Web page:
Book Review: Crimson Lake, by Candice Fox

Book Review: Crimson Lake, by Candice Fox

A cop on the run pairs up with a former convicted killer to investigate the disappearance of local celeb in Crimson Lake, just outside of Cairns, Queensland.

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Last year, Candice Fox teamed up with international best-selling author, James Patterson, on the action-packed outback thriller, Never Never. Now she’s back with a new solo crime series, set in the tropics of far north croc country. Such is fan’s anticipation of her new novel, Crimson Lake, that it’s hit number three on iTunes on pre-orders alone.

So, does Ms Fox’s new offer, sans JP, meet the same exceptional standards as those set with her JP pairing and consecutive Ned Kelly Award winning Archer Bennett series? You betcha!

Crimson Lake, just outside of Cairns, is the type of map blip people go to hide. That’s certainly why former police officer, Ted Conkaffey, is there. Charged with horrendous child sex crimes that were dropped mid-trial, Ted is a man on the run – from his failed marriage, his former brother-in-arms cops, and the world that has proclaimed him guilty. Existing in a self-destructive drunken haze and with no safe place to go, Ted teams up with local PI and convicted killer, Amanda Pharrell.

Amanda lives by a bunch of rules, number one of which is that Ted is never to talk about her case. She’s confessed to stabbing her classmate to death outside a party at Kissing Point, and she’s done her time. Now the tattoo covered eccentric is getting on with life, as should Ted.

But as the two team-up to investigate the disappearance of local celeb, YA writer Jake Scully, Ted begins to question what really happened at Kissing Point. Did Amanda do it, or was she framed? And why does Amanda accept Ted’s version of events about his supposed kidnap and rape of a thirteen-year-old girl, when the rest of the world wants to see him burn? As for Jake, he’s got plenty of secrets of his own, including a stalker or two.

Churning with a roiling undercurrent of danger and the ever-present claustrophobic heat of the top end, then throw in barking crocodiles, pythons in roof beams and the characters themselves, and Crimson Lake is a frighteningly compulsive read. There were many a night when this reviewer stayed awake for ‘just one more chapter’ until well after midnight because I had to know what was going to happen next. One reason for this is that Crimson Lake is not your average crime thriller. The masterful Ms Fox has demonstrated her story-telling prowess by writing a novel with not one, but three, separate mystery plots. There’s the mystery of Ted’s apparent crimes, of Amanda’s, and the mystery they’re working together to solve. The result is a high-tension plot that rarely lets up.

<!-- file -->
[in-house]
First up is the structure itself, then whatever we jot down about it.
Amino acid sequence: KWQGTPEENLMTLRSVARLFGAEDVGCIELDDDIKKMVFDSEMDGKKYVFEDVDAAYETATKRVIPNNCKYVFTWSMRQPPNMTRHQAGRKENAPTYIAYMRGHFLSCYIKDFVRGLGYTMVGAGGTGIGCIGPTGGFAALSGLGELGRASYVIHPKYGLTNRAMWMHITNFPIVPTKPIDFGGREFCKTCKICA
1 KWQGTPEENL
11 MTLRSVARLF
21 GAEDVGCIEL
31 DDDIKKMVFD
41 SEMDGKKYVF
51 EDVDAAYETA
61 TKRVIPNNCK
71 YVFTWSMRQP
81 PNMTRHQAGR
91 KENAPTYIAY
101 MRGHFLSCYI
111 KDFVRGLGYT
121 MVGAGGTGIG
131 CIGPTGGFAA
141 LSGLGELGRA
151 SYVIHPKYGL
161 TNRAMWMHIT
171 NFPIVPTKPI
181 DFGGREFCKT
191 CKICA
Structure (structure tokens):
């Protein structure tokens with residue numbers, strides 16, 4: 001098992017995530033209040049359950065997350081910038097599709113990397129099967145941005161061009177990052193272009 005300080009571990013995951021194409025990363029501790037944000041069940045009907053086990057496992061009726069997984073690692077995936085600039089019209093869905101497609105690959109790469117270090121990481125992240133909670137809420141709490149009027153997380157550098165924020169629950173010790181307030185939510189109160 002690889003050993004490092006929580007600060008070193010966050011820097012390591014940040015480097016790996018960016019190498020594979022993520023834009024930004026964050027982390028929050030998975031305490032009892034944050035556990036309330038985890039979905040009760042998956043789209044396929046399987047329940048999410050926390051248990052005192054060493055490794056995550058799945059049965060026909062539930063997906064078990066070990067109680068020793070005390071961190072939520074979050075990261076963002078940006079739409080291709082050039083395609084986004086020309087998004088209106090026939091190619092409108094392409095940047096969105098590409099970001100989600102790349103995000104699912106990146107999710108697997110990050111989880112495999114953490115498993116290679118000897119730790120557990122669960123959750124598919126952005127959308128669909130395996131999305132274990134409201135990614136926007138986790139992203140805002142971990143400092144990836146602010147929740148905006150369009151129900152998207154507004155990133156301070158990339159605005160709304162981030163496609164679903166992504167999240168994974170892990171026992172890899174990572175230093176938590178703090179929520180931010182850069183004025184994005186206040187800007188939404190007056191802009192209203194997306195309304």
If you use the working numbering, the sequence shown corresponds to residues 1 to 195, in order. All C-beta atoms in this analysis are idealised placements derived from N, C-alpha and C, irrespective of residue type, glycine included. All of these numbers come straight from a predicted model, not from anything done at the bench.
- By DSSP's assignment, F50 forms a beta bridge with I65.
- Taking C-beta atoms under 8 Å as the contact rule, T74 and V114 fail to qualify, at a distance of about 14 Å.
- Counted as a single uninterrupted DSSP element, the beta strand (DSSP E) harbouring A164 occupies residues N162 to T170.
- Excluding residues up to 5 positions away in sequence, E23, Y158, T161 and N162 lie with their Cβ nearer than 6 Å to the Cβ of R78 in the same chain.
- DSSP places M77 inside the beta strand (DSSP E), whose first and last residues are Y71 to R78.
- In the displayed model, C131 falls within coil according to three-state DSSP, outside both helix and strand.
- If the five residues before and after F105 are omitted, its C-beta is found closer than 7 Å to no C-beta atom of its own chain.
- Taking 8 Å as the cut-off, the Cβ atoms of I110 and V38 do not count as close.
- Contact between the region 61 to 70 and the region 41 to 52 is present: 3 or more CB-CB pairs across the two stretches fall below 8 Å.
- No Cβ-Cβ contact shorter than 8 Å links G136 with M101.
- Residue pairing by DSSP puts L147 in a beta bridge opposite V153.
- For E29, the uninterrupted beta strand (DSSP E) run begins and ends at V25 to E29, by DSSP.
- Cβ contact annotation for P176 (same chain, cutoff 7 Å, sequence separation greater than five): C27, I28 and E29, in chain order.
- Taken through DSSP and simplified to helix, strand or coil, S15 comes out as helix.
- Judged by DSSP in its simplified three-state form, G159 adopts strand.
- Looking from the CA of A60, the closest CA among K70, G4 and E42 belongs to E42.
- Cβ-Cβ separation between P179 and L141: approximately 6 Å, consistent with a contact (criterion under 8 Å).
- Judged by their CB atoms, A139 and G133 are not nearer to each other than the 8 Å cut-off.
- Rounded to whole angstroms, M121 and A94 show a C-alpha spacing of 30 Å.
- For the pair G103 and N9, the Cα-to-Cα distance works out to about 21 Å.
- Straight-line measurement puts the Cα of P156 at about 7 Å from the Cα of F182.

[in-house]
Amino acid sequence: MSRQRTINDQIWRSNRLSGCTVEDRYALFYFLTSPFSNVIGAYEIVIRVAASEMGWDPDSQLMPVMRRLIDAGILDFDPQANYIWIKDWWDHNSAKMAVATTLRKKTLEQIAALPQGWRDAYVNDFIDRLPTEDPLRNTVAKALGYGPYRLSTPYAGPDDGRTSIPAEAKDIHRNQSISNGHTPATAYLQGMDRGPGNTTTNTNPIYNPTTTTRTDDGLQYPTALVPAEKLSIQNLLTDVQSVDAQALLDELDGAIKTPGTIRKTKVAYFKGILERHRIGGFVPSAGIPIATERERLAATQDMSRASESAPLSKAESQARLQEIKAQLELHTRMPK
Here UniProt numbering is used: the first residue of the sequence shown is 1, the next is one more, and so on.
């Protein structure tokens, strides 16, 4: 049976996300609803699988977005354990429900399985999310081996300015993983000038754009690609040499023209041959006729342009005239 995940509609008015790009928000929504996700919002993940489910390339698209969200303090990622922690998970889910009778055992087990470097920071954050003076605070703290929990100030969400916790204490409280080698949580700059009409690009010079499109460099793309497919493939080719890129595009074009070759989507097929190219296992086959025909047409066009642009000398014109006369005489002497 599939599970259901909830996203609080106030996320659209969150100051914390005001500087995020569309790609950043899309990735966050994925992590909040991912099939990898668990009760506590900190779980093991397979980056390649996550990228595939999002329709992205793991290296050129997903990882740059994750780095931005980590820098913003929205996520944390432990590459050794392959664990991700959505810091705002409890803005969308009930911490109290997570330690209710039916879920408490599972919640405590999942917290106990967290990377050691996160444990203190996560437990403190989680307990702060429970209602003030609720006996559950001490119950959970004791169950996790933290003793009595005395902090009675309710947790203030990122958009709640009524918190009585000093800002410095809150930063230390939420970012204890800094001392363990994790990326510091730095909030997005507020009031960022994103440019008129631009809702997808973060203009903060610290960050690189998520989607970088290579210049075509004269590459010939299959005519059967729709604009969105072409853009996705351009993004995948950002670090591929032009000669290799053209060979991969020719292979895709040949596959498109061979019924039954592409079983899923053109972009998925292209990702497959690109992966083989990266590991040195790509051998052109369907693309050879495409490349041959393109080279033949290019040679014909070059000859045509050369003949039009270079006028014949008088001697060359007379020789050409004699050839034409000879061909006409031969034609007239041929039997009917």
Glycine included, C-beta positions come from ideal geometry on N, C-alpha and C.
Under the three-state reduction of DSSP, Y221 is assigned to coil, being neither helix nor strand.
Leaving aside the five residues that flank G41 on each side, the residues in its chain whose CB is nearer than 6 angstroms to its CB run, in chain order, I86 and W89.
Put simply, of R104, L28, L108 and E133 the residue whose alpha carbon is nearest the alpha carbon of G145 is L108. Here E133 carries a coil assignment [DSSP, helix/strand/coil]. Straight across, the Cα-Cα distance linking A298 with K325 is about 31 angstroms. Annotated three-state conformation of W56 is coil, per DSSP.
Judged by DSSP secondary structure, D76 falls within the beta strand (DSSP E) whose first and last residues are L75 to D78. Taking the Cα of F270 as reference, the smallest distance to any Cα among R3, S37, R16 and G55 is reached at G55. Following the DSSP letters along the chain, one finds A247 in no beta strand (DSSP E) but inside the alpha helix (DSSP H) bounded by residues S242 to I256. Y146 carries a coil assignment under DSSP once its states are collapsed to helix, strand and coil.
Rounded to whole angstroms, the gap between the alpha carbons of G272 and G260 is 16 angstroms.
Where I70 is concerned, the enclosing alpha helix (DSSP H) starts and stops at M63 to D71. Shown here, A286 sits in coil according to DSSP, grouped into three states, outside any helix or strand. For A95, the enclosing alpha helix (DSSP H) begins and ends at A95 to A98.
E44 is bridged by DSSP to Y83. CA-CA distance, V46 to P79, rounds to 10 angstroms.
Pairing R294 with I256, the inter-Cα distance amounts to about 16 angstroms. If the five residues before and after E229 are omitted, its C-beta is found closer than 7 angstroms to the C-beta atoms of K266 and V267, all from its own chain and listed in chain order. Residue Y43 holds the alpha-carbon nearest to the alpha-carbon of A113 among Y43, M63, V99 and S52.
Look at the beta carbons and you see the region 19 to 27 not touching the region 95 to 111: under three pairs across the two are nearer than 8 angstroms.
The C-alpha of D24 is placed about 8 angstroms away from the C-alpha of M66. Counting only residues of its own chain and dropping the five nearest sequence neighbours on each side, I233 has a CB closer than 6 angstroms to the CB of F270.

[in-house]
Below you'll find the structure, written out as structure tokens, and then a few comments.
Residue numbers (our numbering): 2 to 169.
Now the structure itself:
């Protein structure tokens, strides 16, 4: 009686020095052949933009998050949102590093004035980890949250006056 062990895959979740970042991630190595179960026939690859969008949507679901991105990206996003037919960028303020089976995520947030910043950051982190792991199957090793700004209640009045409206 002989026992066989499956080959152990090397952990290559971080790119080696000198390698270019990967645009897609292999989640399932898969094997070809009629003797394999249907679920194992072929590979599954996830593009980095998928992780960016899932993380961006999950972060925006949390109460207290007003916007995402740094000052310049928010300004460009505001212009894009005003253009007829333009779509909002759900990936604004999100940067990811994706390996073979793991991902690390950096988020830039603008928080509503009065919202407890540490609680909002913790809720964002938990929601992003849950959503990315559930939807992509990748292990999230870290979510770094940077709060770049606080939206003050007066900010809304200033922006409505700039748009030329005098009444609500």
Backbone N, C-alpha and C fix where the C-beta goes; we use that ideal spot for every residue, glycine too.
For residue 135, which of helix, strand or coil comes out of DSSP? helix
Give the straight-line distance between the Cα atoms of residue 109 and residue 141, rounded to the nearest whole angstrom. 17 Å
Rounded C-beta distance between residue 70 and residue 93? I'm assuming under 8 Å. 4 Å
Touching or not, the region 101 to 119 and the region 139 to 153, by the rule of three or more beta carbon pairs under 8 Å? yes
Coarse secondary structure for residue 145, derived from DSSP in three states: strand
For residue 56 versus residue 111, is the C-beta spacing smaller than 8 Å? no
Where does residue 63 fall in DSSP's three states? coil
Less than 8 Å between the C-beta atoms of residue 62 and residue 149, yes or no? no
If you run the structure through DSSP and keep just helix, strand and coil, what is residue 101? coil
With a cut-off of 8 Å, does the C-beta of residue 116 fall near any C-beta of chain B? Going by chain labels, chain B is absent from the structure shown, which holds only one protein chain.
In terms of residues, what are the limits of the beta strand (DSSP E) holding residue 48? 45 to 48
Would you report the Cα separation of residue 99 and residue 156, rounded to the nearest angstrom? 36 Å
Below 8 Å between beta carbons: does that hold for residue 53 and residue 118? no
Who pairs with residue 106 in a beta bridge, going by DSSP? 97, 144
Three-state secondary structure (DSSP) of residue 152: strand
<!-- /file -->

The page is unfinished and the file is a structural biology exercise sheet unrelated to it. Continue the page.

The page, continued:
On top of that, Crimson Lake poses topical and unsettling questions about the nature of guilt and the phenomenon of trial by media, both social and traditional. It also examines the nature of life as a celebrity writer, something Ms Fox is more than qualified to write about, and the type of threatening, unwanted attention that can bring.

There’s so much masterfully packed into this novel that it’s difficult to unpick it all. The setting is distinctly Australia, the plot is intricate and fast-paced, and the characters sympathetic and scary by equal measures. One thing is certain, you’ll be unsure who to trust and on tenterhooks until the last page but, oh, what a ride!

Reviewed by Samantha Bond
Twitter: @SamBond

Rating out of 10: 10

Released by: Penguin Australia
Release Date: January 2017
RRP: $32.99 trade paperback, $12.99 eBook

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